What makes a hero?

March 01, 1996|By Theo Lippman Jr.

BOB DOLE, who is scheduled to meet with a veterans group in the Baltimore area Sunday, is well known as a war hero. Less well known is the fact that he was, like Bill Clinton, a draft dodger.

Dole was an 18-year-old freshman at the University of Kansas on December 7, 1941, when the Japanese attacked Pearl Harbor. He had no desire to go into the service, much less to go to war. That was probably typical. Despite those old World War II movies where the recruiting offices were mobbed every day, many if not most men of the era preferred the civilian life.

Fateful letter

Dole stayed at Kansas through his freshman year. He returned for a second year in the fall of 1942. He hoped the war would end before Uncle Sam sent him that fateful letter that began ''Greeting.''

But the news from his hometown was that the local draft board was getting close to those his age and status. So early in 1943 he joined the Army Reserve Corps as an enlisted man. That kept him on campus till the end of the school year.

He was called up and after basic training volunteered for a couple of specialty schools.

In the spring of 1944, still apparently expecting the war to end soon, he applied for and got into officer candidate school. He was sent from there to an officer- replacement camp in Italy in December, 1944.

There he met Dean Nesmith, a former trainer from the athletic department at the University of Kansas. Dole had played football and basketball and run track at Kansas. Nesmith respected him.

He said he would like to give Dole a job in his Special Services unit. ''Sports and games for the guys behind the lines, a coach for the troops,'' as Dole biographer Richard Ben Cramer (whose book, ''What It Takes,'' is the source for this history lesson) put it.

Dole wanted the job. But orders sending him to a unit in combat had already been cut. Dole told Nesmith he didn't want to go, but Nesmith said he could no longer help him.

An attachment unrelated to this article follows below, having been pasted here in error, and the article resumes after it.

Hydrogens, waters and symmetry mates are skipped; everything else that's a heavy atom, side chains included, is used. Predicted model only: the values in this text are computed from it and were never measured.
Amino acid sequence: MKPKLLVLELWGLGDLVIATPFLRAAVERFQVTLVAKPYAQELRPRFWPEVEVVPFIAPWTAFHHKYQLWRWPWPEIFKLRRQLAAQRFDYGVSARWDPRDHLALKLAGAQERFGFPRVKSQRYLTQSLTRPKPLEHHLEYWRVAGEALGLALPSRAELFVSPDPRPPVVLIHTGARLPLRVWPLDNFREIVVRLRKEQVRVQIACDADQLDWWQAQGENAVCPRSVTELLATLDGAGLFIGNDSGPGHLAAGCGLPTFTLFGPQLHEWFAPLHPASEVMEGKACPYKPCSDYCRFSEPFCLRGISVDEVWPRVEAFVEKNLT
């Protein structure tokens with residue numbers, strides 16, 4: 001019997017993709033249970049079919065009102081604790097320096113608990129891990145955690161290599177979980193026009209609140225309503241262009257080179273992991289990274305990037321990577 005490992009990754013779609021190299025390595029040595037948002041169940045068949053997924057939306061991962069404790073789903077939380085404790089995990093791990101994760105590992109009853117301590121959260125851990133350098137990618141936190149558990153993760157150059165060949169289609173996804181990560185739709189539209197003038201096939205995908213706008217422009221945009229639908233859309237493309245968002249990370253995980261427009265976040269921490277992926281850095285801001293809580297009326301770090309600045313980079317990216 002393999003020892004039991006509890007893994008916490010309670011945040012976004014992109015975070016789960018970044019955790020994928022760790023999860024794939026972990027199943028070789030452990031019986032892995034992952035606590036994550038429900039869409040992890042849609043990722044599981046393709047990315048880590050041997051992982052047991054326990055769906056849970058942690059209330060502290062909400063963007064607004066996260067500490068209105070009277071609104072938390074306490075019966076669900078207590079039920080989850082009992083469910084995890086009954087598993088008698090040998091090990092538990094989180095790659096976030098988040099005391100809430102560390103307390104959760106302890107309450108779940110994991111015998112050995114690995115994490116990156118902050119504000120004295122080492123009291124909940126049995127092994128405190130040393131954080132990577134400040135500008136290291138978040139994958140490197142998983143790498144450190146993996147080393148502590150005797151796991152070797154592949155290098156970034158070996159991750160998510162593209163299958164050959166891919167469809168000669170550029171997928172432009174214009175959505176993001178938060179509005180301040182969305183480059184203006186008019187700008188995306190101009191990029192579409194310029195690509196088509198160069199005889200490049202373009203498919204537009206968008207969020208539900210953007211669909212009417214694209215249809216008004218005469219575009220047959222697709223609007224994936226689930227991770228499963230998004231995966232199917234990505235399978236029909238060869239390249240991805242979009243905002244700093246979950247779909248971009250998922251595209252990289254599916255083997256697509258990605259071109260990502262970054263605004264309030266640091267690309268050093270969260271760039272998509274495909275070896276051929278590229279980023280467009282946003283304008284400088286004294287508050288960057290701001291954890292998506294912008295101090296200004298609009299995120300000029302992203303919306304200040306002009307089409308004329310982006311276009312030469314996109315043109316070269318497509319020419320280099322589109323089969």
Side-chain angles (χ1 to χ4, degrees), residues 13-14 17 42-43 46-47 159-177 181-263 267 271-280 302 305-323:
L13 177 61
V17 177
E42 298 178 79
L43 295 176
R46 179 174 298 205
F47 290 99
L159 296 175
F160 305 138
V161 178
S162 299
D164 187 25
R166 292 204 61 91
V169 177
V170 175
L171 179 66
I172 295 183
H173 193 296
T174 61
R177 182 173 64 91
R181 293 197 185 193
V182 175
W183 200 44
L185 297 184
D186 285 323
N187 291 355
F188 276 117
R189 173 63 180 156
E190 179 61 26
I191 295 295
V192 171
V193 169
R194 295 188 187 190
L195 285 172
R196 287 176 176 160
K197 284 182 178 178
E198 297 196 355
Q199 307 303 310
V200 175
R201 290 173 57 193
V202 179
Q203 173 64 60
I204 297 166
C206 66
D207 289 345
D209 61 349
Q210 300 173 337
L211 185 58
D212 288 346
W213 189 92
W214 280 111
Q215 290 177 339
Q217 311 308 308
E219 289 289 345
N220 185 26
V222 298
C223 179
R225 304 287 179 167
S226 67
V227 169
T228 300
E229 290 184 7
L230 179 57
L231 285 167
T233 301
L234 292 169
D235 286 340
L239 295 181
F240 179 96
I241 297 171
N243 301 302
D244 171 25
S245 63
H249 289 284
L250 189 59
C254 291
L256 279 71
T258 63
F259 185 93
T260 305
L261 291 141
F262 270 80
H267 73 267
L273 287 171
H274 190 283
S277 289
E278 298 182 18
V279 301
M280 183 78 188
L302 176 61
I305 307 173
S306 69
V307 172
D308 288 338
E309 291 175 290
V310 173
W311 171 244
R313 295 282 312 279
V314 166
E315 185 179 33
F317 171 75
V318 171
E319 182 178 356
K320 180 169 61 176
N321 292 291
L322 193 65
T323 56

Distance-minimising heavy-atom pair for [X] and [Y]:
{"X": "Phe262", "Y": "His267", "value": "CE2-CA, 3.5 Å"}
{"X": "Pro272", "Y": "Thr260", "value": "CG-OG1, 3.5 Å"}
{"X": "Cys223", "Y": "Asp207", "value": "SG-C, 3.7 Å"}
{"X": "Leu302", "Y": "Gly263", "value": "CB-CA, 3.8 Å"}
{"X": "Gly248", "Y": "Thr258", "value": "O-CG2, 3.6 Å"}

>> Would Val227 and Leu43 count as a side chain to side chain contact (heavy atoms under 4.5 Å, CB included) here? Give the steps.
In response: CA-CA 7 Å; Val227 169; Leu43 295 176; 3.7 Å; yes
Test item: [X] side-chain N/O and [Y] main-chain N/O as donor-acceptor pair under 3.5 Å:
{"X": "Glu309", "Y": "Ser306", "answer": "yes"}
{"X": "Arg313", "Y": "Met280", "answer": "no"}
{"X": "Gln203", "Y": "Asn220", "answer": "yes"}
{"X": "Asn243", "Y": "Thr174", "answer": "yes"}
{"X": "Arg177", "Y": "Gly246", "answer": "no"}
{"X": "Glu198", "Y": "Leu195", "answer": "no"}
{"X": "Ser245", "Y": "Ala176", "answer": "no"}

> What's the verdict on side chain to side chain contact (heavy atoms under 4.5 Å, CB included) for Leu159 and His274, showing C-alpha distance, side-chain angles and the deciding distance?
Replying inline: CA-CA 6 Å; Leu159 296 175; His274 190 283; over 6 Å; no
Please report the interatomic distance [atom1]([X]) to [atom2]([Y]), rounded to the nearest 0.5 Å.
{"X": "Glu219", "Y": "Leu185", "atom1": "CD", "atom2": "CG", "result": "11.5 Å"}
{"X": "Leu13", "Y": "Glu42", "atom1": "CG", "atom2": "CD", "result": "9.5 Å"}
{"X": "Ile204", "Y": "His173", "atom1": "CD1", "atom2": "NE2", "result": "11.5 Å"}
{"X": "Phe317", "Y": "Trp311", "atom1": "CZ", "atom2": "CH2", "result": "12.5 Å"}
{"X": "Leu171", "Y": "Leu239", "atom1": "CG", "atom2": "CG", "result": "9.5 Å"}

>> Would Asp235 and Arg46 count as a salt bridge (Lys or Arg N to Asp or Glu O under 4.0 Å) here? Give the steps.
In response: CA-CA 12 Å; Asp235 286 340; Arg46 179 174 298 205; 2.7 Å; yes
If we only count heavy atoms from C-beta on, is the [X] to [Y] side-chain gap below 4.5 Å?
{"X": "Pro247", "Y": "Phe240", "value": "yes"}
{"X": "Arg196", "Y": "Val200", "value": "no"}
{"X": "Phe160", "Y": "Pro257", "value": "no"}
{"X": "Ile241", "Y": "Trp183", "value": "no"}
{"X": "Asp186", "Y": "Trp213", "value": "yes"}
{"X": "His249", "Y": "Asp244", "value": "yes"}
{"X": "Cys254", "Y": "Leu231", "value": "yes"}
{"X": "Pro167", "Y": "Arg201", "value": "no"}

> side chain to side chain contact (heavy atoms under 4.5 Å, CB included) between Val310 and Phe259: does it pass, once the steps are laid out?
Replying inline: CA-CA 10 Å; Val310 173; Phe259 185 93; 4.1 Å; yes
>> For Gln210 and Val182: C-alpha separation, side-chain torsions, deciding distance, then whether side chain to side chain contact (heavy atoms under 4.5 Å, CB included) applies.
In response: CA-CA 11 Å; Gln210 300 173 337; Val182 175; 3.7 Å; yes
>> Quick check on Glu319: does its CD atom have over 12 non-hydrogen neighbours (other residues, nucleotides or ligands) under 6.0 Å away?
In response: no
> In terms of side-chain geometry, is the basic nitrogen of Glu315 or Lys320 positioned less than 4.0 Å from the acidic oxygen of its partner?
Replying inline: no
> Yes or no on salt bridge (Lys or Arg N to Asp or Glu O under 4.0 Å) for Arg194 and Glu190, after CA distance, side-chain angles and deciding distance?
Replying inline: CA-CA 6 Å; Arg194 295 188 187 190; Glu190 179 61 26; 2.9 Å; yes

He was sent to the front in the winter of 1945 -- and grievously wounded that spring.

Now the point of this is not -- repeat not -- that Senator Dole is not a hero. I'd say the fact that he did his dreadful duty in the mountains of Italy even though he would have preferred to have been back in Rome makes him more of a hero than those rare patriots and danger lovers who seek out the risks and rigors of combat.

The point is that in his own way, and in a way that is not all that unusual among young men in wartime, he would, if he could, have avoided the sacrifice he was called to make.

Just like Bill

Just like young Bill Clinton.

If Bill Clinton had been forced into the Army and ended up in combat in Vietnam, would he have been as resigned and heroic as Bob Dole?

I don't know that he would have. I don't know that he wouldn't have, either.

It might be argued that Bob Dole, having suffered in that particular way, then developed positive, admirable character traits that Bill Clinton has not developed, because his draft dodging was more successful than Bob Dole's.

But if a desire by a young man not to go to war discredits him politically or morally many years later, Bill Clinton and Bob Dole both have a mark -- the same mark -- against them.

Some might even say that reluctance to fight against Nazi Germany in the 1940s is a worse failing than a reluctance to fight against North Vietnam in the 1960s and 1970s.

Theo Lippman Jr. is a former editorial writer and columnist for The Sun.

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